In August 2017, I was finishing up my last week at the Tongan Community Service Center in Los Angeles, and unexpectedly got a call from Nisha Ramachandran, a fellow ELP alumnus. She told me about the opportunity to apply for the Civil Rights Fellowship at OCA. I took it as a sign, that this was my chance to step into the change I had been craving. I followed up with Kendall about it, and he encouraged me to apply. To be honest, I was nervous to apply for this fellowship position because, as much as I wanted change, the thought of actually moving to the other side of the country, scared me. I never thought I'd leave California, but I wanted to at least try because I knew I would regret it if I didn't. I shared these concerns with Kendall and he assured me that the AAPI community in D.C. would look out for me. I trusted him, submitted my application, and hoped for the best. The application led to an interview and the interview led to a call from the CEO, Ken Lee, with a fellowship offer.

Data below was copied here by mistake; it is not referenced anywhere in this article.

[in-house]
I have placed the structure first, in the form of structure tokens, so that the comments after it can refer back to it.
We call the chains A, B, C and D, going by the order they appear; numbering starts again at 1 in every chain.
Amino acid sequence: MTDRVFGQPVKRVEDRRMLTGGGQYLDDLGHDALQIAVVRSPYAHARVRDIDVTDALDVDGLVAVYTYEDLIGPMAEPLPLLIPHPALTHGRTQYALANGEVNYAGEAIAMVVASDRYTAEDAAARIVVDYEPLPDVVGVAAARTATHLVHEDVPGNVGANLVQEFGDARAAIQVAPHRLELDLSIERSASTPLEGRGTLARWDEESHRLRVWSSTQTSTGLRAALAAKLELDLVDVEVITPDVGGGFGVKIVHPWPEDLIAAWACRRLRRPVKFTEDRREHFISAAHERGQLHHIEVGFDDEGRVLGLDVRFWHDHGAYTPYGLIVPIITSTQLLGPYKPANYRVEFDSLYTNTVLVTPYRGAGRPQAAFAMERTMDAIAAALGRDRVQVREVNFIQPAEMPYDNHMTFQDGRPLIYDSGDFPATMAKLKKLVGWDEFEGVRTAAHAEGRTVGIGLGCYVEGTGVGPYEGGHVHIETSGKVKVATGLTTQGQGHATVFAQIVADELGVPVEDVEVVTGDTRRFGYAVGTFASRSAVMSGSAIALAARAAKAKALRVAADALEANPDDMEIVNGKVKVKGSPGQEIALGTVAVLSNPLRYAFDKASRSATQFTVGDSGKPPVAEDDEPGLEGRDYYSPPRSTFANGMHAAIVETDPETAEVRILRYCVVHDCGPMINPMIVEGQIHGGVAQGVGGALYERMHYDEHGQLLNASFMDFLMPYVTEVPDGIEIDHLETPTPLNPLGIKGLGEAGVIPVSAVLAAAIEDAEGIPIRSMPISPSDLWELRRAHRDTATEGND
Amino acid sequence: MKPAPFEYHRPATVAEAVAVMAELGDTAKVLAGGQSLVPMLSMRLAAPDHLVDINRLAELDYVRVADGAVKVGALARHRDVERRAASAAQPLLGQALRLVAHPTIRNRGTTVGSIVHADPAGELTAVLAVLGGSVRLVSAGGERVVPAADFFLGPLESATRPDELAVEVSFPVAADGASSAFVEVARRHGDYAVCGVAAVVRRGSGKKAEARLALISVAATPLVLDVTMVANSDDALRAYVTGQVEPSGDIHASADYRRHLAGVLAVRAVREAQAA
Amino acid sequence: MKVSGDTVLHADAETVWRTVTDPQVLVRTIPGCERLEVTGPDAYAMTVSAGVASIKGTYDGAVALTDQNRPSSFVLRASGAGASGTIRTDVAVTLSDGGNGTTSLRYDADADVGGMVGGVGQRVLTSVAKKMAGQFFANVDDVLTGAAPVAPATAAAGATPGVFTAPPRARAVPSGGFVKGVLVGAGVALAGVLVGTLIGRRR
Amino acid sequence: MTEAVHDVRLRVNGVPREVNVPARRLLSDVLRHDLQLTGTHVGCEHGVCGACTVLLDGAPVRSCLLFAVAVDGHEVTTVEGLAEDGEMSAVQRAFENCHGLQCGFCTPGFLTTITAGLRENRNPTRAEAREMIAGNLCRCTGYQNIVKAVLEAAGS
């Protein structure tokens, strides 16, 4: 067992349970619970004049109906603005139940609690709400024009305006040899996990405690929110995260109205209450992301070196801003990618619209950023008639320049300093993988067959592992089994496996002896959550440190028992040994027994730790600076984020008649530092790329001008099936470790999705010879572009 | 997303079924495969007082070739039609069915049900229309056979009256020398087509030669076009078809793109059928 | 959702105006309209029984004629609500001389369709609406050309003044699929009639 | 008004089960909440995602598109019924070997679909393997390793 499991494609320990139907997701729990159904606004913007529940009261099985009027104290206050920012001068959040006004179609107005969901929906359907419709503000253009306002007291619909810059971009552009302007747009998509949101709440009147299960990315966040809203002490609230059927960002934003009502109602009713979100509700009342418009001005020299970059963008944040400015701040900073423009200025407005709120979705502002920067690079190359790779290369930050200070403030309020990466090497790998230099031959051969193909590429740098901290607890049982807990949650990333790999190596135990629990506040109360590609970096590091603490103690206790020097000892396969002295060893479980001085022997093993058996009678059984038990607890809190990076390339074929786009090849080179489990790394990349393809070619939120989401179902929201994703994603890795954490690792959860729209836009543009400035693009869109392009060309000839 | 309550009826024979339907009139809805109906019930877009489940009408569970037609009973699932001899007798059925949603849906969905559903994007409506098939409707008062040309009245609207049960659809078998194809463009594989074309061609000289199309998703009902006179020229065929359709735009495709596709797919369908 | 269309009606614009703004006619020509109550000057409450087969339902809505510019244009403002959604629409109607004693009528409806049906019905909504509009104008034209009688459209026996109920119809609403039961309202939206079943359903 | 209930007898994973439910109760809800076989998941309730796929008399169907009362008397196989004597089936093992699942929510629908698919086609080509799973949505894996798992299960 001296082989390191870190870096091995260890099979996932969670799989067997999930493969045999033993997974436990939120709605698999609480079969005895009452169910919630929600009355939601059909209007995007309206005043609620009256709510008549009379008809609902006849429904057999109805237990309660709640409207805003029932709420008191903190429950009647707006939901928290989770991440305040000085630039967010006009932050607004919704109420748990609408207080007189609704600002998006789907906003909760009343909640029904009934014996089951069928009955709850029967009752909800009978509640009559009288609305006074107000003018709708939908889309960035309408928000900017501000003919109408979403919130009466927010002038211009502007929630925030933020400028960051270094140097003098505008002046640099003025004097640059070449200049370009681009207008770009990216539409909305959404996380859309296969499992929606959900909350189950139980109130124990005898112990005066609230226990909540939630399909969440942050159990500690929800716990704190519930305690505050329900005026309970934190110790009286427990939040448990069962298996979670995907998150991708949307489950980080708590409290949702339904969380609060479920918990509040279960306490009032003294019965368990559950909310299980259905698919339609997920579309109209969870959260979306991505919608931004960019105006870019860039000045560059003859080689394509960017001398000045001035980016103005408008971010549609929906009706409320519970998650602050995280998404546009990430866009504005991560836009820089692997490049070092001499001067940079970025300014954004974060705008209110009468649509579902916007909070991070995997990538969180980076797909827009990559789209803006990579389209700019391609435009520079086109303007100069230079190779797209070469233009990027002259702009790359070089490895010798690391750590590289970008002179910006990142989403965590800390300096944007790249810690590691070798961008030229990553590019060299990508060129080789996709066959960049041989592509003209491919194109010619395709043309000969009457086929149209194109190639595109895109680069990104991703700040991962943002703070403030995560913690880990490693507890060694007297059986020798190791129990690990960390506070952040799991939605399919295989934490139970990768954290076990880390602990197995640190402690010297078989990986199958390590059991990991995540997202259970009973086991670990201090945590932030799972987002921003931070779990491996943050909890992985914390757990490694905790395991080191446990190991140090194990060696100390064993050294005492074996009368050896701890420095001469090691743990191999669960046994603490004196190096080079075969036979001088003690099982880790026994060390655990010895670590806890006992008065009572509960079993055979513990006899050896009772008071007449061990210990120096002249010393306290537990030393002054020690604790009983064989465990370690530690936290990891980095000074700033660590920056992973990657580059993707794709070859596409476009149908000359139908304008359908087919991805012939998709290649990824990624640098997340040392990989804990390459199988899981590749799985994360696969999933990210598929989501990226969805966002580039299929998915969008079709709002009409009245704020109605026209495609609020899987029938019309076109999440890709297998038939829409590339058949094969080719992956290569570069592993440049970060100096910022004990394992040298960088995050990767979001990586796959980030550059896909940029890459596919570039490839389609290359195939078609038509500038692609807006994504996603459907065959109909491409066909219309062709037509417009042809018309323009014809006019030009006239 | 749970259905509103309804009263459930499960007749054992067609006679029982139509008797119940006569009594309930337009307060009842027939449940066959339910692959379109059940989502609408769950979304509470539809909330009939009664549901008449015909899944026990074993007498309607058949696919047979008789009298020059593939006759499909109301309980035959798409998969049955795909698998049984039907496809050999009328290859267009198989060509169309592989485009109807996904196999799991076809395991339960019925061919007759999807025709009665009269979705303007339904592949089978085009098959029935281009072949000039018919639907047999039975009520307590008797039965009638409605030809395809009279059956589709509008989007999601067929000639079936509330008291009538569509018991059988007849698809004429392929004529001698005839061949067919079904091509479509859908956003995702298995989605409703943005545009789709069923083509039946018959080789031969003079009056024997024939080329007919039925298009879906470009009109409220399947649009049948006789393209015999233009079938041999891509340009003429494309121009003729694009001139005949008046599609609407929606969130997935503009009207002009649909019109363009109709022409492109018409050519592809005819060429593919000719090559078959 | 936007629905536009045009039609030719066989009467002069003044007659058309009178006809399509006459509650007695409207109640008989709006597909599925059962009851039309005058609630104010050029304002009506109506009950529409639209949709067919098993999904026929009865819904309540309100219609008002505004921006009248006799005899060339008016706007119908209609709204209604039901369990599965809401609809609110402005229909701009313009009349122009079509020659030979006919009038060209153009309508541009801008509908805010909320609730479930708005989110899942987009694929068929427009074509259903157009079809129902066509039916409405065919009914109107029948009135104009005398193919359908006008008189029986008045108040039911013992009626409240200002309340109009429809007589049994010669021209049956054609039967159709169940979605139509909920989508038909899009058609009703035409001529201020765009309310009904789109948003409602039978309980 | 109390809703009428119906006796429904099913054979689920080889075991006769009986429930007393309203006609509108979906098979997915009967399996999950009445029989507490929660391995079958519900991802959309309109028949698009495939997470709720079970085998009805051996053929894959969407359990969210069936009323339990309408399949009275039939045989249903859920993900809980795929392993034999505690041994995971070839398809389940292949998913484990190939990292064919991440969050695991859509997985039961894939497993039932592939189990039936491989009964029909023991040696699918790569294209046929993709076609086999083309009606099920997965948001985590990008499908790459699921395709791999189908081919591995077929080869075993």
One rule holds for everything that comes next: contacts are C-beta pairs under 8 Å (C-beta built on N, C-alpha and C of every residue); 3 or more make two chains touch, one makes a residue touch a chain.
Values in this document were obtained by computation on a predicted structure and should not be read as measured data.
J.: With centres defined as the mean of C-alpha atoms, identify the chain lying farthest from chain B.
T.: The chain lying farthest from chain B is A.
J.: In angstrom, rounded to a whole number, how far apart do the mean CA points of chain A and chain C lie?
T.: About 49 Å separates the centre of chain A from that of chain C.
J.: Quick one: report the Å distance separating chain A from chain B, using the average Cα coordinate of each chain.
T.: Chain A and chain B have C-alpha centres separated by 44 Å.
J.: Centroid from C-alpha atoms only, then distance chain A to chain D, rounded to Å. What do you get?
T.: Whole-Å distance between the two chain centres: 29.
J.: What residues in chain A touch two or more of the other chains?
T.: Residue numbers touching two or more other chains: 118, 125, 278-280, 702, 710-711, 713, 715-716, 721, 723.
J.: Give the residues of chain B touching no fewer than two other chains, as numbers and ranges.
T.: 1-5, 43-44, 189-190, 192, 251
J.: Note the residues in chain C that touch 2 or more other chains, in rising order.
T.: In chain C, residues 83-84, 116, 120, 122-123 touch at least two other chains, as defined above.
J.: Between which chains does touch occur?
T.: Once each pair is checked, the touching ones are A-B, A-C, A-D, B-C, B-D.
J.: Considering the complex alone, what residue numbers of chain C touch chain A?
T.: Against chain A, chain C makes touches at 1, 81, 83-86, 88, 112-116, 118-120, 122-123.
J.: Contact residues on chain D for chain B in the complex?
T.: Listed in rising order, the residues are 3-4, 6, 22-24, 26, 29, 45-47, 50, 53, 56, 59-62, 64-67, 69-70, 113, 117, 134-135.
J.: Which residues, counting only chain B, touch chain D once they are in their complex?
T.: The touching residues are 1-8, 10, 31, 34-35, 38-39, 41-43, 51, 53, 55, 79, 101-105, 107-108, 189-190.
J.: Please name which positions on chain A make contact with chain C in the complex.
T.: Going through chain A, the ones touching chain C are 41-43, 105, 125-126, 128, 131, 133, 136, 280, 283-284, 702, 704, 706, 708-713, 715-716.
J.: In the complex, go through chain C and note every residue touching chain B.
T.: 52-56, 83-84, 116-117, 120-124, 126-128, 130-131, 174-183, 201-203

I was so happy, and the fact that the CEO called me made it feel even more special. I had a few days to decide and, after sharing the opportunity with my family and friends, I realized everyone was supportive, including my parents, which was all I needed to take the offer. It was extremely hard to leave my family, but this was the fruit of their labor and sacrifice. As I transitioned to living in D.C., I imagined how hard it was for my parents to leave their homeland and families an ocean away. They did not know when they would be able to return and didn’t see their families for 30 years. I have the privilege of staying in the same country and can go home at any time.